MIT Sloan Interview Preparation: The Behavioral Event-Based Interview (BEI) Decoded

Posted by Maryam Amr on 7/6/15 5:20 PM

Deadline1
[Image source]


If you are reading this, you likely just received an invitation to interview for the the MIT Sloan MBA program.  If so, congratulations!  Being offered an interview means that you should be confident that the admissions committee thinks you can truly excel academically at MIT Sloan and now it just comes down to fit.  At this point, your chances of getting in are almost 50-50.  

After your initial excitement, you might be starting to feel a little panicked.  Don’t!  We at Cambridge Coaching have some tips to help you prepare for your upcoming interview.

What does Behavioral Event-Based Interview Mean?

You may have noticed that your application essay prompts focused specifically on what you have done in the past, and not what you are hoping to do in the future.  MIT Sloan firmly believes that past behavior speaks volumes about your future response in a situation and the likelihood that you will be successful at MIT Sloan and beyond.   On interview day you can expect a similar focus on past actions.  Admissions committee members use the Behavior Event-Based Interview to tease out qualities you currently possess to determine if you are a good fit for the program.   

The STAR Method

Good news!  The interview itself will be mostly informal, almost conversational, and your interviewer is likely to be friendly.  The interviewer will ask you a series of introductory questions (i.e. “has anything changed since your application?”) before diving into the behavior event-based portion of the interviews.  It is important that you speak concisely, spending no more than 60-90 seconds per answer.    Spending a few hours preparing beforehand will give you a repertoire of experiences to draw from.  

As you prepare, Cambridge Coaching recommends that you think of 10-12 experiences from your career that showcase the three mains traits the admissions committee is looking for:  influencing others, relationship building, and drive.  MIT Sloan is also looking for individuals who have succeeded by “getting their hands dirty,” so to speak.

You can use the table below to help you generate stories.  

Screen_Shot_2015-07-06_at_5.21.53_PM

Finished generating ideas?  Good!  Now it is time to use the STAR Method.  STAR stands for:

Situation: Start your response by outlining the situation, including the personal or business challenges.

Task:  Next, discuss the task at hand to remedy the situation.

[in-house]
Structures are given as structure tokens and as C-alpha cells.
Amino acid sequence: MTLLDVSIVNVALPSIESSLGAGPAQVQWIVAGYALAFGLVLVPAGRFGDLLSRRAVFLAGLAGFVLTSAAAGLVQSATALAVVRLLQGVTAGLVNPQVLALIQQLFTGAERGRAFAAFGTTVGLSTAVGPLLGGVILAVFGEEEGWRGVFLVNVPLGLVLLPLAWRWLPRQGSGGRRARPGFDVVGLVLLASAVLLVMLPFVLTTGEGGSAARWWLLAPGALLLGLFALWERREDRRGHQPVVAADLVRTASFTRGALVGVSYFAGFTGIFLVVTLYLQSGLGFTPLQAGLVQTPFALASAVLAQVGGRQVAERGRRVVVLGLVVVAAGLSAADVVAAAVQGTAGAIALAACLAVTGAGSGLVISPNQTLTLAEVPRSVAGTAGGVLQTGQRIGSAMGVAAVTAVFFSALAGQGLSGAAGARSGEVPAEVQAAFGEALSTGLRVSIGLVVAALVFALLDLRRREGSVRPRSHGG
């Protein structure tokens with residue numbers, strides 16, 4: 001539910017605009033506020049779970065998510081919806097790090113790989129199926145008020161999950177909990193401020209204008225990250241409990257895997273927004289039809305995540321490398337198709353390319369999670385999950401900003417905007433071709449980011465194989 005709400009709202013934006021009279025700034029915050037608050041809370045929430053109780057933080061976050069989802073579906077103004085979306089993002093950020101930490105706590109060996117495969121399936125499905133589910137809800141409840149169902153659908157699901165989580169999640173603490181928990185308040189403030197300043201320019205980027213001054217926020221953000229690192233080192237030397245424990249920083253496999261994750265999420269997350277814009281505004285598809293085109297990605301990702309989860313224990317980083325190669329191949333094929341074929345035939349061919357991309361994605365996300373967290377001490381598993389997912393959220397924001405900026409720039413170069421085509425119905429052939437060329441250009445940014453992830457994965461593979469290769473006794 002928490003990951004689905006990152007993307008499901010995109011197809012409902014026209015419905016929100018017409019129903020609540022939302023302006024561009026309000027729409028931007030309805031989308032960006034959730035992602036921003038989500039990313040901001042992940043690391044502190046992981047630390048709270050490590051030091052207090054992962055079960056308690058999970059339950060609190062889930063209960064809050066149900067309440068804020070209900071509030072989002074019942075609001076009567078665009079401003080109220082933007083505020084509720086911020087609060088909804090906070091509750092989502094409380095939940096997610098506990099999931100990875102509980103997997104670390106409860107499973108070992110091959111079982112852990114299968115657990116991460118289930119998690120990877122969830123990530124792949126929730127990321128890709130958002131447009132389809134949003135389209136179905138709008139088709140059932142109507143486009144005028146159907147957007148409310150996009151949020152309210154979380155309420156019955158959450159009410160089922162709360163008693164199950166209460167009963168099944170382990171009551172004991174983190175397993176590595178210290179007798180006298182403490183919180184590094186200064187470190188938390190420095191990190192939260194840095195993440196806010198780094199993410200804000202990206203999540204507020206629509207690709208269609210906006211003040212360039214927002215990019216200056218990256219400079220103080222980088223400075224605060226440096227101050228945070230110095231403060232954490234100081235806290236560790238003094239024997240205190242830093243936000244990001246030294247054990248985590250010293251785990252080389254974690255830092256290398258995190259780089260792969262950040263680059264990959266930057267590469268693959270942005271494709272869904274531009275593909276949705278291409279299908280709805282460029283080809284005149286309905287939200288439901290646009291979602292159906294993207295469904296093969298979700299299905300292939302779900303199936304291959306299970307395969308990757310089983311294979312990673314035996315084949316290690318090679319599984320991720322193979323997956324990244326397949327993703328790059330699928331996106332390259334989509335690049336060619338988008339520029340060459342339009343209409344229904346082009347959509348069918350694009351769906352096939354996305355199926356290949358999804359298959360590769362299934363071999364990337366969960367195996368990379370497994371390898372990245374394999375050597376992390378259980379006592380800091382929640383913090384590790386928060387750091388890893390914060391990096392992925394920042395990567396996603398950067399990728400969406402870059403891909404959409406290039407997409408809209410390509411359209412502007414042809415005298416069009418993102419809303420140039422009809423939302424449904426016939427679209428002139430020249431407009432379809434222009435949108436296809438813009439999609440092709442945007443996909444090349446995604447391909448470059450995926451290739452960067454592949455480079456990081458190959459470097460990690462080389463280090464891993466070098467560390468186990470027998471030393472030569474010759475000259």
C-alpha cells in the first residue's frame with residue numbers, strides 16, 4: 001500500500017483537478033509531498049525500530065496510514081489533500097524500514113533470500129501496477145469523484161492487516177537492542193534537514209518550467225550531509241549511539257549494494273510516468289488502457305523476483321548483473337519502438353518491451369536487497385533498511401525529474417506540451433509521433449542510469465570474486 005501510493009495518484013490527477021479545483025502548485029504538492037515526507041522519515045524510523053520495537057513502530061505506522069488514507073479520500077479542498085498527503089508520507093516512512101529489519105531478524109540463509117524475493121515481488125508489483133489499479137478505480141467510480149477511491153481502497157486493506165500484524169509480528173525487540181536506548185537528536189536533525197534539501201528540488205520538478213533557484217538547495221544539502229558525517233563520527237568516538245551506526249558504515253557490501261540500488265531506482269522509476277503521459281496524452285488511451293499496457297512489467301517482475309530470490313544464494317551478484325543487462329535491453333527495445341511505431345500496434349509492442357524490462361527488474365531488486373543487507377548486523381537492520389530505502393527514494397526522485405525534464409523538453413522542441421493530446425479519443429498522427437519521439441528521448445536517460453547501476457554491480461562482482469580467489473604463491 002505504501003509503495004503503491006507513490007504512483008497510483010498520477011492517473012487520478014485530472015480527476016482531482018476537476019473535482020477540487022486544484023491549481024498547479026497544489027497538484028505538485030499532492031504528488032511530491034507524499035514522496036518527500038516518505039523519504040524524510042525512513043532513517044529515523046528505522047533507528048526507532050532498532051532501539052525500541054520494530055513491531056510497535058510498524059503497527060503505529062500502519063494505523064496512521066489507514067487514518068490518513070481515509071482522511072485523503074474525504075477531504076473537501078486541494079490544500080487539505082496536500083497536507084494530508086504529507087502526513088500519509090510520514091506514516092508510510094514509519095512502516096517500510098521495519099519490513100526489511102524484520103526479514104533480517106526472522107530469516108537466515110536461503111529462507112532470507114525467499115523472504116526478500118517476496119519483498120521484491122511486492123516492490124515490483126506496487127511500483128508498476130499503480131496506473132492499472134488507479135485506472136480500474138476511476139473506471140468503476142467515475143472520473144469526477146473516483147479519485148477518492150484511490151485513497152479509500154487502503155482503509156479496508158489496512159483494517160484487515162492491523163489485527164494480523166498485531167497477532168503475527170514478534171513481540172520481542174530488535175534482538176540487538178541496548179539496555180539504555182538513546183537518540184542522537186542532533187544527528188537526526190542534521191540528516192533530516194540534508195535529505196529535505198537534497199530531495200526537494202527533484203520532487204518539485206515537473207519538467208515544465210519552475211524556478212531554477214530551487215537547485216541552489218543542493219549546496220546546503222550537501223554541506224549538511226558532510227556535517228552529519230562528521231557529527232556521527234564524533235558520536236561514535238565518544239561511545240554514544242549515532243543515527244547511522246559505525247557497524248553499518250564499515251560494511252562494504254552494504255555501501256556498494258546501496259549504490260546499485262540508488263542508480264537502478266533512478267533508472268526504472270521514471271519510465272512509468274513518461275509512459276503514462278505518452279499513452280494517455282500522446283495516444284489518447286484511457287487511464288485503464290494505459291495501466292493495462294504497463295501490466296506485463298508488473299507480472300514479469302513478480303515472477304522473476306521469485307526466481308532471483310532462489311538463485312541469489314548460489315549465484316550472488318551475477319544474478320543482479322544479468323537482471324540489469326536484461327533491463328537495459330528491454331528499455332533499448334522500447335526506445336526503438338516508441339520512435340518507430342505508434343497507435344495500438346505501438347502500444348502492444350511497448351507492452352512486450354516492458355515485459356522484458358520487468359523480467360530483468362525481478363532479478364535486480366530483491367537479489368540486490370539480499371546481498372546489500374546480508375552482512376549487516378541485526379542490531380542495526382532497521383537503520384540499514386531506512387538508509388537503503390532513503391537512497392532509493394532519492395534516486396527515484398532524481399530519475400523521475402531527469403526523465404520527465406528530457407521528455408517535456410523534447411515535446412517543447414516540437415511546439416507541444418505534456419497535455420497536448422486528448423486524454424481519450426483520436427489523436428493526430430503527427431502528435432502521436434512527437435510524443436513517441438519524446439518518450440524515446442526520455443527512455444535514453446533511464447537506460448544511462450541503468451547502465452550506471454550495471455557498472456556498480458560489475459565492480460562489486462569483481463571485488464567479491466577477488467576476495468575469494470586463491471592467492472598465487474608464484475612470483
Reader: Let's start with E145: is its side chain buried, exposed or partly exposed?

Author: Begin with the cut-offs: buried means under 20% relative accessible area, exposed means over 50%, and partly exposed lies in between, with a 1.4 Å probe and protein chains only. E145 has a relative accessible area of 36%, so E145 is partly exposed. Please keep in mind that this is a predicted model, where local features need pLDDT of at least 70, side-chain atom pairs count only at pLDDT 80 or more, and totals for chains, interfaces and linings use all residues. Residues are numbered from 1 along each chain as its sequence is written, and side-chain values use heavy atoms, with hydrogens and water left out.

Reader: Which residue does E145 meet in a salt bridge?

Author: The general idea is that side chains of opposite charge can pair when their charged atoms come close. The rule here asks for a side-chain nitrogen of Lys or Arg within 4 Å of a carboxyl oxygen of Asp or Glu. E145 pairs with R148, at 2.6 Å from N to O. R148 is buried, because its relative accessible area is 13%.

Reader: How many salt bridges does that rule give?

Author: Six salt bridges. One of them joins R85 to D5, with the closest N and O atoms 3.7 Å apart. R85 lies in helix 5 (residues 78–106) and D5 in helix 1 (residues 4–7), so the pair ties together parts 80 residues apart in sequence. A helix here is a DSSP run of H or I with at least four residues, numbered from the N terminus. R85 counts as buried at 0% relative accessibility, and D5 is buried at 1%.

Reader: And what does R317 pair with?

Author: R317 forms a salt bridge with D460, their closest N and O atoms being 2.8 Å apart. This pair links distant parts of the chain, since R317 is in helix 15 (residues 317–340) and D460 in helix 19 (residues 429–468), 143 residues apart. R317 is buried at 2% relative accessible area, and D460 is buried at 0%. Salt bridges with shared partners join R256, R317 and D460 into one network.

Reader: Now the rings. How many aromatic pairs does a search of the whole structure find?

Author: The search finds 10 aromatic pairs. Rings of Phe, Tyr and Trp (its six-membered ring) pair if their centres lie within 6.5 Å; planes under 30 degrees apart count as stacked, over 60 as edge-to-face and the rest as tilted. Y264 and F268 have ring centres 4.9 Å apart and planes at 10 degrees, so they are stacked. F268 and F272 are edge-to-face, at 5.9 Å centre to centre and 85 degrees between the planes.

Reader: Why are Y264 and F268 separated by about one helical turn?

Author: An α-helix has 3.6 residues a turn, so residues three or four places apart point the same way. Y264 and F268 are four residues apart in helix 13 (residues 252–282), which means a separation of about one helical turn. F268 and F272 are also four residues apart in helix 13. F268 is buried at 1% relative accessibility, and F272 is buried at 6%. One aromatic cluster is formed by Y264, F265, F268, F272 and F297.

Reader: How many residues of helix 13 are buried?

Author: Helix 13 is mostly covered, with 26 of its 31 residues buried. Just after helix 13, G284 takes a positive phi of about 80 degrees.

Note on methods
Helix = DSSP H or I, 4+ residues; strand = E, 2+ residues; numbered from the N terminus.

Action:  After the situation and task are clear, explain what actions you took, specifically those where you thought “outside of the box” or expanded on the task scope.

Result: Finally, bring your story to a close by sharing the results.  Be specific and be sure to show how your innovative approach made a great result possible.  If the result was not to your liking, talk about what you learned.  You can’t always succeed, but if you can show you learned from your errors, the story is all the more compelling.

Every experience you share with the interviewer should follow this basic outline.  

General Tips

Additional Preparation

  • In addition to the situations above, you should also be prepared to answer the question “tell me about yourself” in about 30-45 seconds.  Nothing shakes your confidence more than being asked this question at the beginning of the interview and stumbling through a response.  Your answer should hit on themes from your prepared stories.
  • Prepare a response to “why an MBA, why now, and why MIT Sloan”.  I have yet to meet someone who was not asked.
  • Be prepared to pivot.  The interviewer may not ask any of the questions you are expecting, but if you can re-purpose a story to suit the question, that is perfect!
  • Be confident, genuine, and above all, humble.  

On and After Interview Day

  • If your interview is on-campus, sign up to sit in on a class and to take a tour of the campus.  It will help you pick up some specific insights for your thank you note.
  • Oh, and do follow up with a handwritten thank you note.  It makes all the difference!

For more interview preparation tips, be sure ask your Cambridge Coaching MBA coach. Cambridge Coaching also conducts mock interviews upon request.  (I used this service when I applied to MIT Sloan, and am now a proud member of the Class of 2017!)

Read more MCAT posts

Tags: MBA admissions